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Oxidative Medicine and Cellular Longevity
Volume 2018, Article ID 4938649, 14 pages
https://doi.org/10.1155/2018/4938649
Research Article

Phagocytosis of Candida albicans Inhibits Autophagic Flux in Macrophages

1Institute of Dermatology, Jiangsu Key Laboratory of Molecular Biology for Skin Diseases and STIs, Chinese Academy of Medical Sciences and Peking Union Medical College, Nanjing 210042, China
2Jiangsu Province Blood Center, Nanjing, Jiangsu 210042, China
3Center for Systems Medicine, Institute of Basic Medical Sciences, Chinese Academy of Medical Sciences and Peking Union Medical College, Beijing 100005, China
4Suzhou Institute of Systems Medicine, Suzhou, Jiangsu 215123, China

Correspondence should be addressed to Yuting Ma; moc.361@4891am_gnituy, Xu Chen; moc.liamtoh@xhc_rotcod, and Min Li; nc.smac.mredcmup@nimil

Received 8 March 2018; Accepted 12 April 2018; Published 20 May 2018

Academic Editor: Rômulo D. Novaes

Copyright © 2018 Zhimin Duan et al. This is an open access article distributed under the Creative Commons Attribution License, which permits unrestricted use, distribution, and reproduction in any medium, provided the original work is properly cited.

Abstract

Autophagy machinery has roles in the defense against microorganisms such as Candida albicans. Lipidated LC3, the marker protein of autophagy, participates in the elimination of C. albicans by forming a single-membrane phagosome; this process is called LC3-associated phagocytosis (LAP). However, the influence of C. albicans on autophagic flux is not clear. In this study, we found that C. albicans inhibited LC3 turnover in macrophages. After the phagocytosis of C. albicans in macrophages, we observed fewer acridine orange-positive vacuoles and RFP-GFP-LC3 puncta without colocalization with phagocytized C. albicans. However, phagocytosis of C. albicans led to LC3 recruitment, but p62 and ATG9A did not colocalize with LC3 or C. albicans. These effects are due to an MTOR-independent pathway. Nevertheless, we found that the C. albicans pattern-associated molecular pattern β-glucan increased LC3 turnover. In addition, phagocytosis of C. albicans caused a decrease in BrdU incorporation. Blocking autophagic flux aggravated this effect. Our findings suggest that phagocytosis of C. albicans decreases autophagic flux but induces LAP in an MTOR-independent manner in macrophages. Occupation of LC3 by recruiting engulfed C. albicans might contribute to the inhibition of autophagic flux. Our study highlights the coordinated machinery between canonical autophagy and LAP that defends against C. albicans challenge.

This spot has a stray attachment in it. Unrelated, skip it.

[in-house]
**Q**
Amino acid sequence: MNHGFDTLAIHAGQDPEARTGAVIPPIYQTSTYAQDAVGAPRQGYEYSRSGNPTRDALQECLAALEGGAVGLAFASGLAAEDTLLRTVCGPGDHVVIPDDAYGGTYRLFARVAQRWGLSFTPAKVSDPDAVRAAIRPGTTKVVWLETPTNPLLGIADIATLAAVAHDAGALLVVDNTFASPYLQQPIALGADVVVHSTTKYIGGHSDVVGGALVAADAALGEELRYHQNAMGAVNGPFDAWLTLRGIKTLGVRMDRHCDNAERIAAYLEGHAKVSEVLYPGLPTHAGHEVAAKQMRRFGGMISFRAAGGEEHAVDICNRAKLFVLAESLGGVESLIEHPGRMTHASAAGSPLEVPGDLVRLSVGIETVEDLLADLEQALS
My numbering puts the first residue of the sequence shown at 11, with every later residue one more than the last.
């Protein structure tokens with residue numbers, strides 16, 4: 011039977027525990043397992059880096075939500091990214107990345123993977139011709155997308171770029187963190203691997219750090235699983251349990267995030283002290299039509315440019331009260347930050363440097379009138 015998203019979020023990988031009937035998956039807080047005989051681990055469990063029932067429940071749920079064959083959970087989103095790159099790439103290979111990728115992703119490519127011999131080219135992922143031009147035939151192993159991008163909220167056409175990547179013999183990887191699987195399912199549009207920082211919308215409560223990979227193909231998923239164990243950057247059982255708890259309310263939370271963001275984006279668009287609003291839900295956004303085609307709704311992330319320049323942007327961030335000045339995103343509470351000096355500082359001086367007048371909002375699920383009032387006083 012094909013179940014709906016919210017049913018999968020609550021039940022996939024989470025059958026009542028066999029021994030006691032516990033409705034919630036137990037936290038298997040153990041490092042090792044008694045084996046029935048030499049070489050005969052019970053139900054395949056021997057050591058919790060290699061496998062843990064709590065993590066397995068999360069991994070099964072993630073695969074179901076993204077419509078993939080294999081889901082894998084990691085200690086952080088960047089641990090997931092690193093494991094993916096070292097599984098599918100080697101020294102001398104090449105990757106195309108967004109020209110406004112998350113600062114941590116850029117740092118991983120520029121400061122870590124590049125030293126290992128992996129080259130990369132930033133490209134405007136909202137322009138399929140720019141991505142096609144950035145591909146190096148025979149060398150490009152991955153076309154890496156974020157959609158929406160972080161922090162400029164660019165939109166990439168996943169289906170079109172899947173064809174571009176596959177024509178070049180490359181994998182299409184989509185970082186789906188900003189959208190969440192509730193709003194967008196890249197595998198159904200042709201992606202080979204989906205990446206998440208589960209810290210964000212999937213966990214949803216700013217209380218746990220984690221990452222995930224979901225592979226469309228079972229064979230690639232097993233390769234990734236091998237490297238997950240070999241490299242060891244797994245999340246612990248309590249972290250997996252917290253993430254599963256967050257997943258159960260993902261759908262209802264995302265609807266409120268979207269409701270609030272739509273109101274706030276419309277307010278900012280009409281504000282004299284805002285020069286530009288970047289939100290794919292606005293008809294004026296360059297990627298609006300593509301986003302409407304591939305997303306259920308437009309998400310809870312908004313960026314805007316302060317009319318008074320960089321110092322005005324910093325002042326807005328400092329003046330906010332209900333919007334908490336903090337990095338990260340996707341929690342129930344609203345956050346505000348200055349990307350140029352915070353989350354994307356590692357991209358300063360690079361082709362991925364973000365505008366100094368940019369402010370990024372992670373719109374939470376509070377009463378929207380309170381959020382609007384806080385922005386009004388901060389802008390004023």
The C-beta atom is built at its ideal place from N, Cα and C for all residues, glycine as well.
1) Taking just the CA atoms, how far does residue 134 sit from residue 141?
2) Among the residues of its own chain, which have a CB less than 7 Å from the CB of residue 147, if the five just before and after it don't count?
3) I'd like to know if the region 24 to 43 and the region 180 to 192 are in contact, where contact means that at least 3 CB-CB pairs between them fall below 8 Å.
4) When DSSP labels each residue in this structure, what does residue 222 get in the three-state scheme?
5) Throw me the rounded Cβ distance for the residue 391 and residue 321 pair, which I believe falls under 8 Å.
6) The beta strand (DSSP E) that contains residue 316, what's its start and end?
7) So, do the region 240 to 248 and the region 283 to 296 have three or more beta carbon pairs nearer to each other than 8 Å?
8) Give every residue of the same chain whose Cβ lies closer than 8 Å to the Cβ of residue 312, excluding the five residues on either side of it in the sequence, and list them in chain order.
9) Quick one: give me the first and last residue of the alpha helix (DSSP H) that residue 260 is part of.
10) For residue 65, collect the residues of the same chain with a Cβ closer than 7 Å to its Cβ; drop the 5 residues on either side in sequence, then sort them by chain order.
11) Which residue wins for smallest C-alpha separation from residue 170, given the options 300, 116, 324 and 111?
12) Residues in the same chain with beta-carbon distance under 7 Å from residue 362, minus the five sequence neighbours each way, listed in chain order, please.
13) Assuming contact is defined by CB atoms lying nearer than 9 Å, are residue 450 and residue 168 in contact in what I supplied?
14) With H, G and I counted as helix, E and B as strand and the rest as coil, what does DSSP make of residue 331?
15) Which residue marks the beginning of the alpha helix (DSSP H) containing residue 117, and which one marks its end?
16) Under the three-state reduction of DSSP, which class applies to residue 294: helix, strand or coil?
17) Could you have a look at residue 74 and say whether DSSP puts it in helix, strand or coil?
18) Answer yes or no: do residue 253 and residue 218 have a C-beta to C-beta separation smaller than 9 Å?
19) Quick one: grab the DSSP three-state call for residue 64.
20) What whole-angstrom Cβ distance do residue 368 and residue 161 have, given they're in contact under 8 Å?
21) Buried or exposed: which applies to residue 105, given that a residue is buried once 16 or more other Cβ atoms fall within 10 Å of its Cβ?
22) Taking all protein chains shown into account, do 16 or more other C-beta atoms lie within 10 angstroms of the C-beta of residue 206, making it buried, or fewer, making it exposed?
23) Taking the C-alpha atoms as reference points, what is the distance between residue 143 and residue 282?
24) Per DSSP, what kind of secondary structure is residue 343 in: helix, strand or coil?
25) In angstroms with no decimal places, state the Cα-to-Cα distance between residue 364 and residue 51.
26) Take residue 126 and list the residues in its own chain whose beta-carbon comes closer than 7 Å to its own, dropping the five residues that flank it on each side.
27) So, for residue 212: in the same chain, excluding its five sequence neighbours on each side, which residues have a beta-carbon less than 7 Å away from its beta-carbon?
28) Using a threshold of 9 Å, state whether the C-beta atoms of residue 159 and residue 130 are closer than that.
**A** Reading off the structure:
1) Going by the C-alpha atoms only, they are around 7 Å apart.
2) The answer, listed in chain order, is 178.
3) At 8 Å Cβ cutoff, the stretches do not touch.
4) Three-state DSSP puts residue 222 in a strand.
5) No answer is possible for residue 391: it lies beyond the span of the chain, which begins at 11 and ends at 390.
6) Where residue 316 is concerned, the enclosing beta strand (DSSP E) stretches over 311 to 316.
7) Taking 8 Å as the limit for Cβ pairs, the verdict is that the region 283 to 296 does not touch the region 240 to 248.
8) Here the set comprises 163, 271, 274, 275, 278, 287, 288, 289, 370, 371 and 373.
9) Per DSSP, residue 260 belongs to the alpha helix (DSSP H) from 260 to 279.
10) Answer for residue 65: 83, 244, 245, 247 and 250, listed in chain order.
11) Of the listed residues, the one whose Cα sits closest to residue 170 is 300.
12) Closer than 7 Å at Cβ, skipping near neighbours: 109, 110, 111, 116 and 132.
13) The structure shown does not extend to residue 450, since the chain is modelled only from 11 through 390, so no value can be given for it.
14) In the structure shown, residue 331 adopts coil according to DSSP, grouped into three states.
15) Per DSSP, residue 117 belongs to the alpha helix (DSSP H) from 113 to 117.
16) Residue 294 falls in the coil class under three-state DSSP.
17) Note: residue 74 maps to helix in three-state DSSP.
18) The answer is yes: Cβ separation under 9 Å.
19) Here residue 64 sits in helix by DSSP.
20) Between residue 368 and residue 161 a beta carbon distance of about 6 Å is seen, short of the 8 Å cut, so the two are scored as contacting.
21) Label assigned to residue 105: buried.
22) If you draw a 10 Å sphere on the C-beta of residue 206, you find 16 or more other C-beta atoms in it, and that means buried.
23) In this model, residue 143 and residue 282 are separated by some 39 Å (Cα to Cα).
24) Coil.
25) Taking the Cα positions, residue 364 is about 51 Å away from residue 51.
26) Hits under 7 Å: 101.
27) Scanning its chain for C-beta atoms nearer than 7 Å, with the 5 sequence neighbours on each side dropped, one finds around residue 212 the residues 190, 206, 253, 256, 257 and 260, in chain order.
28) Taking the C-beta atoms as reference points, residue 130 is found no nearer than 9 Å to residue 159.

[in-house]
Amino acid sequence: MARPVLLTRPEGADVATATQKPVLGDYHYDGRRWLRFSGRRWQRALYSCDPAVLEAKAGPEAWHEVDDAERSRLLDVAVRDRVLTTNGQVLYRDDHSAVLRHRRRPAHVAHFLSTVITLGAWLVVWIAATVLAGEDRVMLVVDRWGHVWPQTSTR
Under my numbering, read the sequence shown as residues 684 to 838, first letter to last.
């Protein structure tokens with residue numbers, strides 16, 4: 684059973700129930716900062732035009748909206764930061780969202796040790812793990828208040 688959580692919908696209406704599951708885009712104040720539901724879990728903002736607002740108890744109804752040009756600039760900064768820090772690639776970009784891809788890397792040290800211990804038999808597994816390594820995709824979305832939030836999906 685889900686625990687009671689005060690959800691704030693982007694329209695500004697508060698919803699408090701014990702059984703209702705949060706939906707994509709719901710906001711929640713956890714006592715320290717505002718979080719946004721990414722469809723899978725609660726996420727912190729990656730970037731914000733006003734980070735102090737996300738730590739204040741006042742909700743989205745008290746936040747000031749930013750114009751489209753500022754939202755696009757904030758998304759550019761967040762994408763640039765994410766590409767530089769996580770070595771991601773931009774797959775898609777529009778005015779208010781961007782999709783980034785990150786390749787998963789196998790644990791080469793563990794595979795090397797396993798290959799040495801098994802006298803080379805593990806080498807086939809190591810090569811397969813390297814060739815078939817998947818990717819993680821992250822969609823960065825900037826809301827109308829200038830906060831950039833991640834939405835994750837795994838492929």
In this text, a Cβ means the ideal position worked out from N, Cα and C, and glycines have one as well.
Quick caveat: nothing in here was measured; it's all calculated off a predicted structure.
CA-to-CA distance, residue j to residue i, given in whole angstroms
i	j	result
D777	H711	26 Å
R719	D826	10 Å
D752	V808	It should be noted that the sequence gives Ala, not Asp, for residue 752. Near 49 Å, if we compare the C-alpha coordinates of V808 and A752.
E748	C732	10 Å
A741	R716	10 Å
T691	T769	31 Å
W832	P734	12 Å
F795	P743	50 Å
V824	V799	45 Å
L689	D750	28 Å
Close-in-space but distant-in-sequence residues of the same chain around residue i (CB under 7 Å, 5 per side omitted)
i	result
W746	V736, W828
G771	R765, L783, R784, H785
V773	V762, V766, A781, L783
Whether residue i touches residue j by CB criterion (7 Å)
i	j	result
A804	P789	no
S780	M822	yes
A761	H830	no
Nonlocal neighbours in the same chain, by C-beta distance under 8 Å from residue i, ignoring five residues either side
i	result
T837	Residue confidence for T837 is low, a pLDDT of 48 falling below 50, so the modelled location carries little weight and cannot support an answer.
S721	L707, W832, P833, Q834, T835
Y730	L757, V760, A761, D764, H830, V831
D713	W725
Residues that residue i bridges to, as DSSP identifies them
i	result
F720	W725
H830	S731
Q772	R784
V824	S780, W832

1. Introduction

Although C. albicans is a normal constituent of the human microflora on the skin and in the oral cavity, intestines and vagina, an infection by this organism can increase morbidity and mortality. It is the fourth most common cause of nosocomial bloodstream infections [1, 2]. The use of immunosuppressant and indwelling medical devices, organ transplantation and HIV infection increase the probability of C. albicans infection and may cause a life-threatening disease [3]. Phagocytosis is a physiological cellular process that engulfs pathogens and degrades them in phagosomes [4]. As a major immune cell population to control C. albicans infection, macrophages can clear fungus by phagocytosis and produce proinflammatory cytokines upon recognizing pathogen-associated molecular pattern (PAMP) expressed on the surface of C. albicans wall by pattern recognition receptors (PRRs) [5].

Recently, researchers linked autophagy to the clearance of microorganisms, including viral, bacterial and fungal organisms [6, 7]. Autophagy is not only a process that maintains cellular homeostasis and metabolism, but also a key regulator of anti-C. albicans immunity [812]. For example, ATG7 or ATG5 mutants show increased sensitivity to C. albicans and increased mortality after systemic C. albicans infections [8, 13]. It is worth mentioning that microtubule-associated protein 1 light chain 3 (LC3), the marker protein of macroautophagy (referred as autophagy), participates in the elimination of C. albicans by forming a single-membrane phagosome. This process is called LC3-associated phagocytosis (LAP) [14], and its machinery is distinct from the canonical autophagy process. It was found that Dectin-1, a C-type lectin receptor, induces the recruitment of LC3 to phagosomes; Syk and reactive oxygen species (ROS) production were needed in Saccharomyces cerevisiae- and β-glucan particle-induced LAP, and S. cerevisiae could increase LAP in bone marrow-derived dendritic cells in a Syk-dependent manner [9, 15]. In addition, studies have found that the induction of autophagy reduces the phagocytosis of S. cerevisiae in murine macrophages [16]. However, the influence of C. albicans on the canonical autophagy process is not clear, and the connection between autophagy and LAP is undetermined.